- Mark Romanek
- Carey Mulligan, Keira Knightley, Andrew Garfield, Sally Hawkins, Charlotte Rampling, Domhnall Gleeson, Andrea Riseborough
- 103 min.
- Release Date
In Never Let Me Go, an adaptation of Kazuo Ishiguro’s bestselling novel from 2005, a medical discovery in 1952 offers a way to extend the human lifespan beyond 100 years. The process, which remains vaguely described within the story, requires organ donations. Accordingly, subsets of children are developed to provide organs; they live brief lives that often end after three decades and a series of four donations, sometimes less. At the boarding school Hailsham in the English countryside, these children grow into a sheltered existence, protected by the school’s caretakers and kept from the outside world to avoid temptations or injury. Yet this frightening science-fiction setup gives way to a carefully paced romance filled with suppressed passions and grave truths, leaving the genre’s often obligatory downfalls by the wayside.
Carey Mulligan plays Kathy, a Carer that, with deep compassion, watches over donors through their operations until they “complete”. She too is a donor and reflects upon her youth in Hailsham, where she grew up alongside friends Tommy (Andrew Garfield) and Ruth (Keira Knightley). Their headmistress Miss Emily (Charlotte Rampling) watches with cold concern over her flock, whereas instructor Miss Lucy (Sally Hawkins) is appalled by the extent of her students’ brainwashing. As students, they hear rumors that two donors in love might have their time extended, to allow the lovers a few more years together. Though Ruth knows Kathy loves Tommy, she claims the boy for herself. And as the years pass, this love triangle becomes more complicated with exposure to the outside world, the discovery of sex, and eventually the confrontation with their ultimate fates.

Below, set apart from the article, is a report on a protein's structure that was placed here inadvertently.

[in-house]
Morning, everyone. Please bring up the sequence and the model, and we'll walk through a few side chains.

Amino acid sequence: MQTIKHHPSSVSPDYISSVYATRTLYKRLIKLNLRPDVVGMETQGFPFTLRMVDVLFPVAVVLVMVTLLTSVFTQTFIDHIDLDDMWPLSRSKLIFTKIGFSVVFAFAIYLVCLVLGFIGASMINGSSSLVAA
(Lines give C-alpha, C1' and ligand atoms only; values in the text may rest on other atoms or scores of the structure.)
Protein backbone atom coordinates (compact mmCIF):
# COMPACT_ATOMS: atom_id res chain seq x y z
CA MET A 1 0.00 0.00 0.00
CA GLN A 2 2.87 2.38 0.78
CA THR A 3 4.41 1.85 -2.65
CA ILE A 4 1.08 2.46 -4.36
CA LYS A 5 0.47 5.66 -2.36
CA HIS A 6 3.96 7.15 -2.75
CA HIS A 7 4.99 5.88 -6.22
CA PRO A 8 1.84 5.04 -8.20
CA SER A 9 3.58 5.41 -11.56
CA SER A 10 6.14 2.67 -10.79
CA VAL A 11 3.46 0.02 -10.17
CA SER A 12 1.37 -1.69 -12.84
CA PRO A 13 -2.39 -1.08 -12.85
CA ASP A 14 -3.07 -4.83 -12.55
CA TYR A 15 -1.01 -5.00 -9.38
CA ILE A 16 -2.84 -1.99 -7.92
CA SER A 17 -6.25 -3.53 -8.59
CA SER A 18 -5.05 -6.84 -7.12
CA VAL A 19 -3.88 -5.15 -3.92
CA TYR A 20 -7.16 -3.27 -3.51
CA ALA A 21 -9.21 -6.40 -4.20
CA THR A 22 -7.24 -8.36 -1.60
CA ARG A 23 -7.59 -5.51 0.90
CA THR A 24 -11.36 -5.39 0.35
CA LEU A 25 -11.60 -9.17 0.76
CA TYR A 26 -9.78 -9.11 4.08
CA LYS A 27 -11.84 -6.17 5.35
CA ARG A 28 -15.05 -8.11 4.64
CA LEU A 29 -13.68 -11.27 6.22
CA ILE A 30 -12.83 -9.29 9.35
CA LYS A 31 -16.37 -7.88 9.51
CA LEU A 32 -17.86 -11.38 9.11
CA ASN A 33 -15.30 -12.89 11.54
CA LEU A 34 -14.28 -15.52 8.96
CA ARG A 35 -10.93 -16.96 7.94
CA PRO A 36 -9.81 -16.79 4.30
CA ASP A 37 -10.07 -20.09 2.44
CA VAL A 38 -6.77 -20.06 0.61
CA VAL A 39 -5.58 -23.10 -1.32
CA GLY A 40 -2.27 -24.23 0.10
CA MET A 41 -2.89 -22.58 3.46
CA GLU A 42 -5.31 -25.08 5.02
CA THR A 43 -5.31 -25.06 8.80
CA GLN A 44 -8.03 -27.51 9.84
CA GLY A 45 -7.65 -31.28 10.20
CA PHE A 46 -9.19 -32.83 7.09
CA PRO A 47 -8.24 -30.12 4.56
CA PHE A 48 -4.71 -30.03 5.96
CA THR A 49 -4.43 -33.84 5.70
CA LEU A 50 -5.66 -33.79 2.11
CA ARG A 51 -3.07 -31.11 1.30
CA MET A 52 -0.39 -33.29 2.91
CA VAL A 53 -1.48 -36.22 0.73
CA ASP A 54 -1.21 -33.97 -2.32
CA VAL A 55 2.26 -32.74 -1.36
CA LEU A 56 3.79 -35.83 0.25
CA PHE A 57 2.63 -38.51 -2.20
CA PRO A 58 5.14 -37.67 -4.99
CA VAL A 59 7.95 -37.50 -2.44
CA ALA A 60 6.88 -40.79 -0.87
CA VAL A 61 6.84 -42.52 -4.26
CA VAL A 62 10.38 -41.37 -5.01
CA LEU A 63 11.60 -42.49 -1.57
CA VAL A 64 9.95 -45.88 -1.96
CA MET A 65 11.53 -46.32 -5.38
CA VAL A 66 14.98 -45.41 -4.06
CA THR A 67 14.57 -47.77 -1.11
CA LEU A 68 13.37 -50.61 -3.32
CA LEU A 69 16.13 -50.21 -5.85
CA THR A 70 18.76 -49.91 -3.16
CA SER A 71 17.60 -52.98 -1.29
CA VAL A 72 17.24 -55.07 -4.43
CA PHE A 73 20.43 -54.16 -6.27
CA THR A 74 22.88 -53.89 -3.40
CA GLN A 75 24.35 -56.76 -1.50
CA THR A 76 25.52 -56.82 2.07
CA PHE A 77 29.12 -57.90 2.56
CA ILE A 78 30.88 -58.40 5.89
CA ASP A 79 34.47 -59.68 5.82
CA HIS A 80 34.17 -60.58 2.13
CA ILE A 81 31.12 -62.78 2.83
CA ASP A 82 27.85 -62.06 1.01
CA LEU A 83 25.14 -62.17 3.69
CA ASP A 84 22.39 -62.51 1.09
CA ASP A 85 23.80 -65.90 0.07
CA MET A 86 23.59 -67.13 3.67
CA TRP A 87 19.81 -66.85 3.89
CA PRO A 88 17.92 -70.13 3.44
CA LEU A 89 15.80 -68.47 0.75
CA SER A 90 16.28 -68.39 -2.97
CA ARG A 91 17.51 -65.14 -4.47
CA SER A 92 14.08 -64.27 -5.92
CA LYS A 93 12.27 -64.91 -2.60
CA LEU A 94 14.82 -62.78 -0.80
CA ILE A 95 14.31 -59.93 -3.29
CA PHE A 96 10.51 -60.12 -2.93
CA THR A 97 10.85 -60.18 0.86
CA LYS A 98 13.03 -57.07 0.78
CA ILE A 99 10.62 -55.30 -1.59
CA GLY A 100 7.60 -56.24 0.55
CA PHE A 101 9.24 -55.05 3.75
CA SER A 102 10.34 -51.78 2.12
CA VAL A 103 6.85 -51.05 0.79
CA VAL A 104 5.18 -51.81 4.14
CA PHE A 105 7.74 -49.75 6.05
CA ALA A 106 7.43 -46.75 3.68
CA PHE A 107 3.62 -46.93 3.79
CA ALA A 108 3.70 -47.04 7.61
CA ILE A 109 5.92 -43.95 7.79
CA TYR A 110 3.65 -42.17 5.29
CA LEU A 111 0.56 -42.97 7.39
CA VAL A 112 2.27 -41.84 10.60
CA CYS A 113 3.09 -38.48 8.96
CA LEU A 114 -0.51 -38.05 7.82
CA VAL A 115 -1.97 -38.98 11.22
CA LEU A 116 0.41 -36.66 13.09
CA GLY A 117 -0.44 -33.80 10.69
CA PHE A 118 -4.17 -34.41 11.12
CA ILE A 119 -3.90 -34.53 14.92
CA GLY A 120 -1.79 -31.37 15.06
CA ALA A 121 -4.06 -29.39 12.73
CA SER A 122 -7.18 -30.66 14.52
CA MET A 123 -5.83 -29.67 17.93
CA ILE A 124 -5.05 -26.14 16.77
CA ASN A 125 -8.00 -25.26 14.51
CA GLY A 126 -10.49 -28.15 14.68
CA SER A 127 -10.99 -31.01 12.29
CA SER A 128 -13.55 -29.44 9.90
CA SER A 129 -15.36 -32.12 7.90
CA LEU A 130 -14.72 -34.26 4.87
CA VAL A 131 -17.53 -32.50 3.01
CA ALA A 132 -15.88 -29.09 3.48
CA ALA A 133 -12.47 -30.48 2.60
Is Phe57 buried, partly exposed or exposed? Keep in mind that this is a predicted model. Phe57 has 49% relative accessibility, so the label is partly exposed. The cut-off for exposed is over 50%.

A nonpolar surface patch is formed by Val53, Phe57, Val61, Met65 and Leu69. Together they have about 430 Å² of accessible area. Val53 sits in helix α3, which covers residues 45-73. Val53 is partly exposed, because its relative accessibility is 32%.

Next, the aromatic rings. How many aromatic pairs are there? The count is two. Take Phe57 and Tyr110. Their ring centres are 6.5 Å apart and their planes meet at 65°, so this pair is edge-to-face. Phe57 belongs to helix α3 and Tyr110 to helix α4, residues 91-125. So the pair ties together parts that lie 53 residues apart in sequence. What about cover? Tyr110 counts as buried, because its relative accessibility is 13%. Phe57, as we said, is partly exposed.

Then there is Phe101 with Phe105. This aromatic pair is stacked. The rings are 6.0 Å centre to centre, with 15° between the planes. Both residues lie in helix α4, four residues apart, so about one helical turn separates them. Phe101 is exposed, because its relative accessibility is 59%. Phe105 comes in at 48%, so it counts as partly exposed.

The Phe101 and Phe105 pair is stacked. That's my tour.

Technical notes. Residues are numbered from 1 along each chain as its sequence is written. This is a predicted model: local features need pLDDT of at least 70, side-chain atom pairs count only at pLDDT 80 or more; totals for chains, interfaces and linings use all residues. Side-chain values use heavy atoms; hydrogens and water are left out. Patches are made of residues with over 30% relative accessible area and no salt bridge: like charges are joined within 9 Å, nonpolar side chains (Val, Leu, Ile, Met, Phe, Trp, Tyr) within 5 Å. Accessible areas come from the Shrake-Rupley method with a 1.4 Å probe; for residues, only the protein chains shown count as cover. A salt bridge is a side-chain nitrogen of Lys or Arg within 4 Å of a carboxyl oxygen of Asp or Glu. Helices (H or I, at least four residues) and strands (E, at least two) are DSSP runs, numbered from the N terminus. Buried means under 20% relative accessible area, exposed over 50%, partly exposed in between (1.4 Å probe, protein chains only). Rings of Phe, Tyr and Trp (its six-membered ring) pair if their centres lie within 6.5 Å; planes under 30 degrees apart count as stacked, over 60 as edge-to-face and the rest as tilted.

Of course, it would be easy to gripe that these characters too easily accept their destinies as mere parts for the carving, or that the unprotested absolutism of the film’s medical institution is unrealistically inhuman. Much of the story’s shocking tone results from the unusual way in which this is all perceived as normal. But medical atrocities never occur suddenly; they develop with “progress” and slowly become a regularity. It’s with that developing pace that Ishiguro’s tale unfolds, giving the audience mere pieces until finally, in the last scenes, we gather not only the physical damage this process causes, but the full extent of the emotional devastation as well.
The trio of lead actors gives sublime performances, fully revealing the painful suppression and deliberate naïveté of their intricate roles. Mulligan is sure to earn herself another Oscar nomination, as she’s gradually becoming one of today’s best new actresses. Her ability to articulate Kathy’s pained yet controlled feelings behind such restrained expressions makes her performance one of the most complicated of the year. Knightley, too, captures Ruth’s conniving yet desperate position in a performance that challenges her best roles from Atonement and Pride & Prejudice. And Garfield shows he’s a much more talented actor than his upcoming take on Peter Parker in Sony’s Spider-Man reboot is likely to allow.
Versions of the same type of story have been told before through more typically exciting methods. The cornball 1976 sci-fi yarn Logan’s Run featured youths who break free of their overpopulated dystopia’s ascribed thirty-year euthanasia date. The 1979 horror movie Clonus featured an isolated community in the desert bred for parts to supply the super-rich (and was good enough to deserve the Mystery Science Theater 3000 treatment in 1997). More recently in 2005, Michael Bay’s The Island had detainees escaping their prison with actionized results, only to discover that they were clones bred to provide backup organs for a real-life counterpart.
But director Mark Romanek (One Hour Photo) delivers something more melancholy and thoughtful with Never Let Me Go. Its ruminative purpose and the delicate sci-fi setup emerge only through implication, as opposed to melodramatic expression. Without the need for elaborate special effects or chase sequences, this sci-fi tale, set from the 1960s to the 1990s, has more in common with a Merchant-Ivory production—something like Howards End, filled with grand emotions hiding behind temperate characters and staid manners. To be sure, the story, adapted by Sunshine scribe Alex Garland, avoids becoming an Orwellian allegory wrought by a social message. Instead, this disturbing narrative about believable characters in their fatalistic world offers an affecting drama that stays with the viewer long after the film has ended.